Amman, Nov. 20, 2019 – The 12th Annual Forum for Arab investigative reporters opens in Amman on Nov. 22, featuring veteran journalists like Carole Cadwalladr, the award-winning British journalist who unearthed the so-called Facebook-Cambridge Analytica “data scandal”.
Cadwalladr, who investigated how the UK-based political consulting firm used Facebook as a means for “political voter surveillance” through the collection of user data points in breach of record data laws, is among over 500 Arab and international “accountability journalists” and trainers attending the Forum.
The event, organized by the Amman-based Arab Reporters for Investigative Journalism (ARIJ) is centered on the theme: “Media in a Radicalized World”––an issue of utmost importance amidst a global explosion of digital tools.
The three-day Forum––the 11th in Jordan organized by ARIJ––is held amidst a grim media scene in the region and beyond. Arab journalists are coping with unprecedented media muzzling and regressing civil and political rights. They are facing the pull of autocratic regimes, rival political parties, businessmen seeking political power, warring militias and failing business models to run their media.
Delegates will benefit from more than 40 training sessions and workshops.
The scope of the gathering, the only one of its kind in the Arab world, has prompted several international media support groups seeking contact with Arab media practitioners, especially those from war-torn countries, to schedule their own meetings and trainings at the venue during the same time. These support group sessions highlight the important role that ARIJ is playing in promoting investigative reporting and supporting the culture of “accountability journalism” in one of the world’s riskiest regions for press freedom and independent media.
In addition, the Forum has become a vital event for international media development agencies who wish to meet their local media partners because of Jordan’s central location, the ease of obtaining visas in Jordan for Syrians, Libyans, Iraqis and Yemenis, and the extensive networking that goes on as a result.
Keynote speaker Cadwalladr’s work exposed the dark side of social media and its influence in political elections worldwide, including the USA presidential vote in 2016 and the so-called Brexit referendum. Her actions triggered numerous investigations and were partly responsible for the hauling of Mark Zuckerberg in front of Congress, resulting in several billion dollar fines for Facebook. Cadwalladr, who is a freelancer for the Guardian and Observer, has won over a dozen awards. She has also made powerful enemies––becoming the center of the news she previously reported on––and at a large personal cost. Her work, however, has been a vital demonstration of the power of journalism.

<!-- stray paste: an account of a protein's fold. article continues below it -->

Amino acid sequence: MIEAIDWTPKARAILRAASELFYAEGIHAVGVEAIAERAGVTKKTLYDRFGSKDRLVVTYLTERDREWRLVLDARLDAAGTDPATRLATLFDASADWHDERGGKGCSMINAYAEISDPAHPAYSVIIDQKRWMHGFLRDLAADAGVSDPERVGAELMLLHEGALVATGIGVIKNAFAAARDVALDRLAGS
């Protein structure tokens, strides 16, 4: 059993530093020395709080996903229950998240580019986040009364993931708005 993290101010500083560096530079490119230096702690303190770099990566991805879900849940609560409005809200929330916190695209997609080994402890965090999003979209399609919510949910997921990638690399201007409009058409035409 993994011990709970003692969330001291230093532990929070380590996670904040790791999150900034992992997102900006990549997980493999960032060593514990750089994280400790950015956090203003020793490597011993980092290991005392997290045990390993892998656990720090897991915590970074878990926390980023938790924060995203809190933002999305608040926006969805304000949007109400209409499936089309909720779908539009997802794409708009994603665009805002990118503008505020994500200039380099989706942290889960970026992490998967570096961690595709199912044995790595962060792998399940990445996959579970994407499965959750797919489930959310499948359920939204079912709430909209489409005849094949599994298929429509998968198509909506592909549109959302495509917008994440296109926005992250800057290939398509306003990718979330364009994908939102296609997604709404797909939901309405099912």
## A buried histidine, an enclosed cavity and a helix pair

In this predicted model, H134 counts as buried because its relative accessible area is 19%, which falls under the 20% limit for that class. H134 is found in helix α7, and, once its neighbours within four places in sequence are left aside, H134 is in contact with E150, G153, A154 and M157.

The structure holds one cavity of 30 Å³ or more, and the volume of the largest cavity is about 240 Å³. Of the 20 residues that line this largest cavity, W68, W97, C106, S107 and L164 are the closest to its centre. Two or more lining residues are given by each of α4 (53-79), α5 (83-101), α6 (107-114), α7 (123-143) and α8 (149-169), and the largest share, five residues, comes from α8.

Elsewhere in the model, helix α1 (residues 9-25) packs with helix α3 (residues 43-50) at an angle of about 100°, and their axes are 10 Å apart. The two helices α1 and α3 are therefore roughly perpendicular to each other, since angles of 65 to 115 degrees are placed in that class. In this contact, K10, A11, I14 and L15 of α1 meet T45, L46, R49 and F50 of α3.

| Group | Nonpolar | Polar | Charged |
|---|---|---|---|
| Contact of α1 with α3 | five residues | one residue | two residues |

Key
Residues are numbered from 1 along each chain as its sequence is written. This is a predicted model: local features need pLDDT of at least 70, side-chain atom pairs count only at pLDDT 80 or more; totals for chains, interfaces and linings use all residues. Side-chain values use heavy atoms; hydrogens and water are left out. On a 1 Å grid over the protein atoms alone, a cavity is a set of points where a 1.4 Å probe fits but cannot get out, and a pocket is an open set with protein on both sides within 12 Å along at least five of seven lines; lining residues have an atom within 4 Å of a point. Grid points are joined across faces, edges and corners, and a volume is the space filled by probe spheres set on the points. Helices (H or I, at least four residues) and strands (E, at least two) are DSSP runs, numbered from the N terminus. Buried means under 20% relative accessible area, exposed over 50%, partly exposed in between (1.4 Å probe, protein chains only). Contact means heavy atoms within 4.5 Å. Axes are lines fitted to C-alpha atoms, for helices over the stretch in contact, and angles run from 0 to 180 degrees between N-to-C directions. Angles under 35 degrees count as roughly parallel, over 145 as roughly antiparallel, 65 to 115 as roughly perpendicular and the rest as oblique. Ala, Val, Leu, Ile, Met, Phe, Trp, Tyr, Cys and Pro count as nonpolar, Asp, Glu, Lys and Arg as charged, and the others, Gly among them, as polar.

“Power lies with those who have the information and data about you. High-tech platforms such as Facebook, Google and YouTube, are more powerful than any national state,” she explains. “This should be troubling to us all, and we are all individual data. It is really up to us as individuals to care about that and to resist, and that is very difficult, but we have to find a way”.
The Forum will offer training for journalists on data journalism, open source investigations, audio storytelling, fact checking, physical and digital safety, online investigative tools, mobile journalism and bulletproofing investigations from a legal perspective. Other sessions will feature the use of Google tools for research and news verification, combining high-tech and traditional reporting, and mastering the investigative interview.
ARIJ is funded by the Swedish International Development Cooperation Agency (SIDA), International Media Support (IMS), the Danish Arab Partnership Program (DAPP), the Open Society Foundation (OSF), the Norwegian Ministry of Foreign Affairs,
ARIJ19 partners so far include; the Friedrich Naumann Foundation (FNF), Facebook Journalism Project, The French Agency for Media Development (CFI), Embassy of Sweden in Jordan, the Norwegian Institute for Journalism, Google News Initiative, Jordan Kuwait Bank, Swedish Institute, SKUP, the Organized Crime and Corruption Reporting Project (OCCRP) and the Global Network for Investigative Journalism (GIJN). 7iber, Embassy of The Kingdom of The Netherlands in Amman, The Ethical Journalism Network (EJN), the International Center for Journalists (ICFJ) and Marie Colvin Journalists’ Network, Security Assistance Monitor Program at the Center for International Policy, Women In News – WAN-IFRA, International Women in Media Foundation, DW Akademie, German Federal Ministry of Economic Cooperation and Development (BMZ), GIZ, CNN Arabic, French Embassy in Jordan, The Rory Peck Trust, Frontline Freelance Register, and Internews.National sponsors are Royal Jordanian, and the Jordan-Kuwait Bank, Creative Contact and Radio Mazaj FM.